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No. 700
No.'s  700-729
1910 (700-719) 1911 (720-729)
American Car Co., St. Louis
Two, Brill 22 Special (maximum traction)
2 GE-210 (60 h.p., commutating poles)
Two, GE-K11H (auxiliary contacts)
700-19: National, emerg. (SV), 720-729: GE straight air (SF-4)
47' 10"
8' 7.5"
42,260 lbs.(700: 40,600 lbs. as modified)
2 longitudinal
36 passengers (75 with standees), 700: 47 (82 w/standees)
Standard (56 1/2")
Comments:   These cars, ordered in two lots a year apart (order 855: No's 700-719 and order 886: No's 720-729) included the last PAYE cars ordered for Portland.  The 700's were, in most respects, identical to their narrow gauge sisters in the 561-665 series, except that they were nearly 3 feet longer and a thousand pounds heavier.  The city cars sported 10 window sides, while the suburban cars had 11 windows on a side.

The first 700's were acquired for service on Richmond and Waverly-Woodstock lines, which had been converted to standard gauge in 1908.  Both were former steam dummy runs located in the Southeast corner of town that had been amongst the first converted to electric operation.  Interestingly, the Vancouver and St. Johns Lines, which were also former steam operations, never received modern PAYE cars like these.  Those North Portland lines continued to use home-built interurban-style cars.  700 class cars were also used on the Sellwood Line.

These standard gauge cars were not equipped for multiple unit operation.  As such, they were not operated in pairs like other trolleys on the RM and WW lines.  Another interesting detail is that m.u. equipped cars such as the 1000's and 1300's were actually ordered before the 700's, even though they have higher numbers.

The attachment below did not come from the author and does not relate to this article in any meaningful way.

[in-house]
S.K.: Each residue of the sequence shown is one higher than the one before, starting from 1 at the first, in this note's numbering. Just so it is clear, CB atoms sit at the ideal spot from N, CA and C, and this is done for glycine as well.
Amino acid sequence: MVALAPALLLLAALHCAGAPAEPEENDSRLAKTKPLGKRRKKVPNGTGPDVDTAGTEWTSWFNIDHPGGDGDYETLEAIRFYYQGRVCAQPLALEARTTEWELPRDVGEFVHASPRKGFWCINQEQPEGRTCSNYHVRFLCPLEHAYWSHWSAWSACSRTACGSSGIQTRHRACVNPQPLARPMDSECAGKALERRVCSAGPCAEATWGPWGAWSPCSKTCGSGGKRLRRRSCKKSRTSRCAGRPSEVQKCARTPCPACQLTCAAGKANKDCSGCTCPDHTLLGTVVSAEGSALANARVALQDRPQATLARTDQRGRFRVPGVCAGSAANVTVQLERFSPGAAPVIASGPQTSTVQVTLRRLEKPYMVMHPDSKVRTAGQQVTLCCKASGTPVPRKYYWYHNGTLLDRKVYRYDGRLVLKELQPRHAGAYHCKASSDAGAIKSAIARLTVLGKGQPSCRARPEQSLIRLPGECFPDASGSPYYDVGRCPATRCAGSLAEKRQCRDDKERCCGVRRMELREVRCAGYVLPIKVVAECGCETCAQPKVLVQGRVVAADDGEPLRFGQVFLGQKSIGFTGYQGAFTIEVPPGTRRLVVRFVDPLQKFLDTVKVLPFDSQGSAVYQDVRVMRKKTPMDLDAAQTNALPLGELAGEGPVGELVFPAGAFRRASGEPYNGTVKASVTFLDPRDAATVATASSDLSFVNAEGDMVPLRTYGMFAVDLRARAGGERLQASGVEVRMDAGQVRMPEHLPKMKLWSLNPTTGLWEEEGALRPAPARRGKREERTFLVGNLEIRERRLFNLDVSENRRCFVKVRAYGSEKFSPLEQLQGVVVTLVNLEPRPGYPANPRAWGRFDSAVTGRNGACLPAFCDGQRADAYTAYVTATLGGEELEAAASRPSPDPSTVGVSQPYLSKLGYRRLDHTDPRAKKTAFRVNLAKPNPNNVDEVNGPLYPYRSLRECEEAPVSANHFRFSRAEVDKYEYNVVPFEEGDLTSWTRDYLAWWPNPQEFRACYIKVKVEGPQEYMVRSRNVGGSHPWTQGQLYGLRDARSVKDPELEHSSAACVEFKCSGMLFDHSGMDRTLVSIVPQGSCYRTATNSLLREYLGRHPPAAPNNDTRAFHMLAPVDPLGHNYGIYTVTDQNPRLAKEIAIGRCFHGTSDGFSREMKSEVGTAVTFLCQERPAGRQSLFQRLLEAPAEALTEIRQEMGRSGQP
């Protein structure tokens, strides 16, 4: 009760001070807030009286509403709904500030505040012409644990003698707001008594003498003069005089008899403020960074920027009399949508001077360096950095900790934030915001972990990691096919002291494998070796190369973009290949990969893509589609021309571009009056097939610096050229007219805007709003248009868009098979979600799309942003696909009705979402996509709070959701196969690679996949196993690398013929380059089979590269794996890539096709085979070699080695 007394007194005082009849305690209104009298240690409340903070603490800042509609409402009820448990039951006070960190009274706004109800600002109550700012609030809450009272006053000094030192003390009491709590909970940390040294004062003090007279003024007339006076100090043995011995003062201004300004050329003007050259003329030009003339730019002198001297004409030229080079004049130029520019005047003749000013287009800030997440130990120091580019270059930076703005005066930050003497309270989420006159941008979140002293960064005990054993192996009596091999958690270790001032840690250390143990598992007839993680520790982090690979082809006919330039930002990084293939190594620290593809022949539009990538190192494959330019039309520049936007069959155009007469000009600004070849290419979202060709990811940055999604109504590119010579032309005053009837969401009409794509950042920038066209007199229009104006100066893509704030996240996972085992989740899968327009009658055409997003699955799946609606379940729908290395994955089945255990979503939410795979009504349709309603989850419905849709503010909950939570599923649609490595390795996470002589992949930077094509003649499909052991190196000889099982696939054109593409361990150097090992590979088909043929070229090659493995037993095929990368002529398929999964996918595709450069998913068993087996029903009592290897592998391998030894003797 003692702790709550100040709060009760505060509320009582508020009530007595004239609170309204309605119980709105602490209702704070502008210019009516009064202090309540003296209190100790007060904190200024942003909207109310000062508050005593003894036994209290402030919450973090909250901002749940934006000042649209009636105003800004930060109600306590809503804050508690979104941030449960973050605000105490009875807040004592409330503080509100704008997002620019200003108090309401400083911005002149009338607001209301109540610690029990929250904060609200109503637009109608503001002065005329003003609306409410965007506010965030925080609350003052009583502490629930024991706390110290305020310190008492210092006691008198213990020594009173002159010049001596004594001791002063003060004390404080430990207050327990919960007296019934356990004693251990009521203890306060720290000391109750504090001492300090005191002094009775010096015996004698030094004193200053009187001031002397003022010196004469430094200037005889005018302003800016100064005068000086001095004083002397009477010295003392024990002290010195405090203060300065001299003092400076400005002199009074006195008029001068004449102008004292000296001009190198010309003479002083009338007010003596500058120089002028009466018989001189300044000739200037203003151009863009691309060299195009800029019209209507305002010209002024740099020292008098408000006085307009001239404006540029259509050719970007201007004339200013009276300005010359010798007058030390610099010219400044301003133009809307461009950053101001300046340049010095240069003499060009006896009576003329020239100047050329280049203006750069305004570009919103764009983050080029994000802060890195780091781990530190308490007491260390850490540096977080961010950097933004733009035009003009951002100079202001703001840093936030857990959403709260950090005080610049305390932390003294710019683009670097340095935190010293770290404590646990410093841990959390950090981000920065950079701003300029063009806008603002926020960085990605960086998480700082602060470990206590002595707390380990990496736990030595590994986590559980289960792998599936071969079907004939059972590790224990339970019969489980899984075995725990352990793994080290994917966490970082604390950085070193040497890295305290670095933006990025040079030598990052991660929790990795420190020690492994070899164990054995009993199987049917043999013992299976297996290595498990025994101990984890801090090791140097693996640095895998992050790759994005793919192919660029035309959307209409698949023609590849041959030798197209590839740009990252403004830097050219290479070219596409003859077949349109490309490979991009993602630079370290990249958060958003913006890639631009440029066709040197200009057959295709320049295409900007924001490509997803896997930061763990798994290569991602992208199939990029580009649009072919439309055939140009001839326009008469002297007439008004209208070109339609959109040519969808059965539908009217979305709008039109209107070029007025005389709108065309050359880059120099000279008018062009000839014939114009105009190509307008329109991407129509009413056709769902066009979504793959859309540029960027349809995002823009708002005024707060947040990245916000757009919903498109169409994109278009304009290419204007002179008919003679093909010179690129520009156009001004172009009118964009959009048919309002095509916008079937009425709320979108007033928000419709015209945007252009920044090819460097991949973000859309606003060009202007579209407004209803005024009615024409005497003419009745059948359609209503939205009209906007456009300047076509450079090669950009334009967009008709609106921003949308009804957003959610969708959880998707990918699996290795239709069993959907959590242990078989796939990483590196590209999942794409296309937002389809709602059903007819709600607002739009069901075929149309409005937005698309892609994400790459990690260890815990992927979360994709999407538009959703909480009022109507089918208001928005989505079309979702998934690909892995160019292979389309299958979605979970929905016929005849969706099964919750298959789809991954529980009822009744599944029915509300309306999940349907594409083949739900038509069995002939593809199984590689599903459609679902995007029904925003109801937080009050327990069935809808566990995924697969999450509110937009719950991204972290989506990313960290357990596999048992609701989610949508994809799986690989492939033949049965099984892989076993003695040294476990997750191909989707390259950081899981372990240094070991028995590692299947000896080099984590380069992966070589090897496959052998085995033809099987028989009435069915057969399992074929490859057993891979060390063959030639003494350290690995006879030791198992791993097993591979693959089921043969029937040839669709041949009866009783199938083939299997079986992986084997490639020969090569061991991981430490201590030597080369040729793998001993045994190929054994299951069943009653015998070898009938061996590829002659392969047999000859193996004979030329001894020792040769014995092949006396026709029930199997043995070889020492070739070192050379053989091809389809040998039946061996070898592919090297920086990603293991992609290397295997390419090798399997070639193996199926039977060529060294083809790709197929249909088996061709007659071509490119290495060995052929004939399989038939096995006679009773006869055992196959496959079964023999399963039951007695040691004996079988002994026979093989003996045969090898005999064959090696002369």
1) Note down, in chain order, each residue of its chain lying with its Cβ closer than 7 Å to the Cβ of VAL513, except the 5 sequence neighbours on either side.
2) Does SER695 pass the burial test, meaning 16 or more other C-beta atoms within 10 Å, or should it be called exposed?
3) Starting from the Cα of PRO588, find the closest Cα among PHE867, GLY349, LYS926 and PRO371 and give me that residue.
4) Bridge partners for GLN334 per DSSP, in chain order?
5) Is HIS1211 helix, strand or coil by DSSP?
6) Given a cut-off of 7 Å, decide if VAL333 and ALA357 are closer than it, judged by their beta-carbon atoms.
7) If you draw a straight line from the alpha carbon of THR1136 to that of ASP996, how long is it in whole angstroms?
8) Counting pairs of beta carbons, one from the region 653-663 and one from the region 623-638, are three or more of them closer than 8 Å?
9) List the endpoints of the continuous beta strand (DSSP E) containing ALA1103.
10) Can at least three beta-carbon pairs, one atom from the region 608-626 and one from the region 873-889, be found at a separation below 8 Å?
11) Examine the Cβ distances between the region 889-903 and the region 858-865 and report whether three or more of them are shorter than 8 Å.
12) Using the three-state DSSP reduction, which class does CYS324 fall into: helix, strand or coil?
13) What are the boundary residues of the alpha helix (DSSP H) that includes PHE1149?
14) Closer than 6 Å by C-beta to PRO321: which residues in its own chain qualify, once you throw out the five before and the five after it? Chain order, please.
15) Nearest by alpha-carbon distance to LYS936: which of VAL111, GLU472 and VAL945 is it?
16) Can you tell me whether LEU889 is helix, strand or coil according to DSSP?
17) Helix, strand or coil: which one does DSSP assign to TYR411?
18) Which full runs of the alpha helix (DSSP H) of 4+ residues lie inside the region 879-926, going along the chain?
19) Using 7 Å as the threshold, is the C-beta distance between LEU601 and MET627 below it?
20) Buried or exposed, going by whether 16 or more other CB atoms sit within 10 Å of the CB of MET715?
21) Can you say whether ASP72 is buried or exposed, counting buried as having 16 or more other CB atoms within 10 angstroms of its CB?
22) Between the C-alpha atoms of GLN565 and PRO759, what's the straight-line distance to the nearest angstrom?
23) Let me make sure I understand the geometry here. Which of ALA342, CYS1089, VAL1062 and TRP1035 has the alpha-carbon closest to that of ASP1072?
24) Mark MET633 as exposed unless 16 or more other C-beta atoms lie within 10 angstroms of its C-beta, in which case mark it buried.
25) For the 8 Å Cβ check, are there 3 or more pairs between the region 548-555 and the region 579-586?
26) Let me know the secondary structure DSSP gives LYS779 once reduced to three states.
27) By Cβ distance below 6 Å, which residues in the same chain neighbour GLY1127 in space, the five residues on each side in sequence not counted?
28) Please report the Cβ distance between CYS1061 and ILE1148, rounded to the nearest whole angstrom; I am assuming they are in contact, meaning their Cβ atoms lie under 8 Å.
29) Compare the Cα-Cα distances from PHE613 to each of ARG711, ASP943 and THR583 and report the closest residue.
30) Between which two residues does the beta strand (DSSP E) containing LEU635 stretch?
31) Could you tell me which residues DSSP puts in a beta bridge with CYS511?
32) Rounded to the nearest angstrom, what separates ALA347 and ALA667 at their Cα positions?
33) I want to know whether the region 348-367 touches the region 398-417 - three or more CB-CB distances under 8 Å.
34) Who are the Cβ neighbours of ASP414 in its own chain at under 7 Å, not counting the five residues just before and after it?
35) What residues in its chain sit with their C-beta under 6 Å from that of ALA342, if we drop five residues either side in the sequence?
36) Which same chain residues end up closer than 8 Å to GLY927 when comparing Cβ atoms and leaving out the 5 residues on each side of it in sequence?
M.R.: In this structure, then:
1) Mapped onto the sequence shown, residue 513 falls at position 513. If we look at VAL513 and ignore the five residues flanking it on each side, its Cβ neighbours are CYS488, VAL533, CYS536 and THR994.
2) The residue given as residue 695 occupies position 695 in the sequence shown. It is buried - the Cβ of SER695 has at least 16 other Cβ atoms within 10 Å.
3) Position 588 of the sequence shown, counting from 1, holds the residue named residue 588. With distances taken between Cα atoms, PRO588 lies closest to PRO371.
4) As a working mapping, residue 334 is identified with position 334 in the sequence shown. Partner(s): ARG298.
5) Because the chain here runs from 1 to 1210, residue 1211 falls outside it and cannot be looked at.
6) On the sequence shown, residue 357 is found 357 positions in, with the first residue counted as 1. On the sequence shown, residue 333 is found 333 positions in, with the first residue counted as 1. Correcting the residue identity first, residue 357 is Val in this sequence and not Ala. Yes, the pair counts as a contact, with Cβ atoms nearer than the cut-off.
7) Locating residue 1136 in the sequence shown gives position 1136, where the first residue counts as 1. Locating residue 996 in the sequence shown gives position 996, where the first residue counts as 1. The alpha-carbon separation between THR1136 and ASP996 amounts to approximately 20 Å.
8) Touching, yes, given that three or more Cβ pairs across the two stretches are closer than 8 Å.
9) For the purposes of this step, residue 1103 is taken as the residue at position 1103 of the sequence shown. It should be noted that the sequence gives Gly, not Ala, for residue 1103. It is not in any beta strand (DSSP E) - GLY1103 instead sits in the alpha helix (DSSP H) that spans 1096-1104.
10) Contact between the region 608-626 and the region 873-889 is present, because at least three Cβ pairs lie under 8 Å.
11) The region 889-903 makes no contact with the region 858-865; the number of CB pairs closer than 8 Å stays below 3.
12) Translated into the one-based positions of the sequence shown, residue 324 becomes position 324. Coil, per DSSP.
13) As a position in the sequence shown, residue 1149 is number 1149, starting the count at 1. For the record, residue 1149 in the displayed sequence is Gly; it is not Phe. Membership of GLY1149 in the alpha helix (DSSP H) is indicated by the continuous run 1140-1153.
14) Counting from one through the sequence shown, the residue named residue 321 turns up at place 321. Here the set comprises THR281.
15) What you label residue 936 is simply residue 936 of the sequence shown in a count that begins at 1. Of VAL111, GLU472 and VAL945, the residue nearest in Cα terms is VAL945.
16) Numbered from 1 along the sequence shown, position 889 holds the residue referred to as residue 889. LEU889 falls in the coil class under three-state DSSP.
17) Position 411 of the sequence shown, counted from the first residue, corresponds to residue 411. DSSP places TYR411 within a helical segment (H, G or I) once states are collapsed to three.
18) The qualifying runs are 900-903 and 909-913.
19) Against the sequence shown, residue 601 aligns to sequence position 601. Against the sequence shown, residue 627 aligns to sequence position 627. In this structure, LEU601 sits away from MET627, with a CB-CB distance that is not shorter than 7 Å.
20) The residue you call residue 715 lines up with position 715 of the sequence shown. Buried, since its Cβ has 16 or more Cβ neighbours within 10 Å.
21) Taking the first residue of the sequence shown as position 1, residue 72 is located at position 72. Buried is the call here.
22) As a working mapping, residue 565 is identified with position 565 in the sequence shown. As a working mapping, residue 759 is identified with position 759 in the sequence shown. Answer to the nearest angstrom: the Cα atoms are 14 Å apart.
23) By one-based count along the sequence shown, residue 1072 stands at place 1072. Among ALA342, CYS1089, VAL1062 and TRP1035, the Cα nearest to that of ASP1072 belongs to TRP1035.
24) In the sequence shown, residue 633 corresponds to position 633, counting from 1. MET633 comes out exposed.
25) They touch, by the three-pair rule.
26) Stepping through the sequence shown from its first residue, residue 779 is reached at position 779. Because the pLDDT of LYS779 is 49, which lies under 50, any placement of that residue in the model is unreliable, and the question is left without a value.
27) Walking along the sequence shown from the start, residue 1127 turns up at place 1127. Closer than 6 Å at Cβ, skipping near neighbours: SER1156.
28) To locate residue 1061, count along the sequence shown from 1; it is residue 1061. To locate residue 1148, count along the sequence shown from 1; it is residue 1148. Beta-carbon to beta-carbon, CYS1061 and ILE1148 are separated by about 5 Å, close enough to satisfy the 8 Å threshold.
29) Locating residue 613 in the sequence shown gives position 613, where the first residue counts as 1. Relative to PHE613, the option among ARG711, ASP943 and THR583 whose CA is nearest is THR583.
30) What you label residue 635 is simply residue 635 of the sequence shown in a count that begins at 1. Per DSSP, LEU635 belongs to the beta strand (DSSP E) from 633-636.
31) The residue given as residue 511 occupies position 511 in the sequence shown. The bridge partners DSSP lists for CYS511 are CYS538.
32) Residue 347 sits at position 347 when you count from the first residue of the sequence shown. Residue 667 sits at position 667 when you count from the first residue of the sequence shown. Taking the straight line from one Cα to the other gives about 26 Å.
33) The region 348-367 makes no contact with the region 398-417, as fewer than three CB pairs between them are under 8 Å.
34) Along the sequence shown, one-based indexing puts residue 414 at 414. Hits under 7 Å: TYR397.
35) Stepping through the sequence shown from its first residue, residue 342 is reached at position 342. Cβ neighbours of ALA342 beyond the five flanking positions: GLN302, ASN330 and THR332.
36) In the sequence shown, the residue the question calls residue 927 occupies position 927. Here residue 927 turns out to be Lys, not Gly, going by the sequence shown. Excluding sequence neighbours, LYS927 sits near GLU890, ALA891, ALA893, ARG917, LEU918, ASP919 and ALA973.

This series were stored inactive at the Sellwood Barn after 1936 and survived until after WW II.  A photo of No. 722 burning on the rip track at Center Street shows the fate that awaited most 700's in the late 1940's, but a handful avoided oblivion for a time.  Due to their larger size, standard gauge PAYE bodies were favored by those wanting to create inexpensive diners, offices, storage sheds and beach cabins.  Thus, No. 702 became an office for the Braley & Graham Buick and Frank Chevrolet used car lot on Lloyd Blvd. between Grand and Union on the edge of Sullivan's Gulch.  Rosa Halemba converted No. 707 into Rosa's Gift Shop, which was located on the Hillsboro Hwy. in Aloha.  No. 715 went to the Willamette Valley Electric Railway Association (WVERA) in 1954 for future museum use, but it was later scrapped for parts. No. 725 ended up as a cabin or shed. 

Retirement:  1936: 704, 712 & 714.  1937: 702, 707, 709, 715, 725, 726 & 729.  1938:  700, 701, 705, 706, 710, 718, 719, 720, 722, 724, 727 & 728.  1939: 703, 708, 716 & 723.

Technical Notes: 

Earl Richardson listed Car 700 separately in the inventory he maintained for the Portland Traction Co.  The car was described as having had bulkhead walls removed and was, thus, lighter in weight.

No.'s 708-714 were equipped with snow scrappers according to the 1922 field check.

The seating in this series was modified over the years. The 1922 field check listed seats as including two short cross type seats (perhaps in vestibules) as well as two longitudinal seats. Seating was changed to all cross type in No. 725 in 1927 and in No.'s 726 & 727 in 1928.

In 1927 car 700 received vestibule heaters from ex-OWP interurban 1046.

Nelson Safety Fenders were replaced with Portland Railway fenders on No.'s 720-23, 726 & 728 in 1929, and on all the other cars in 1930.


No. 709
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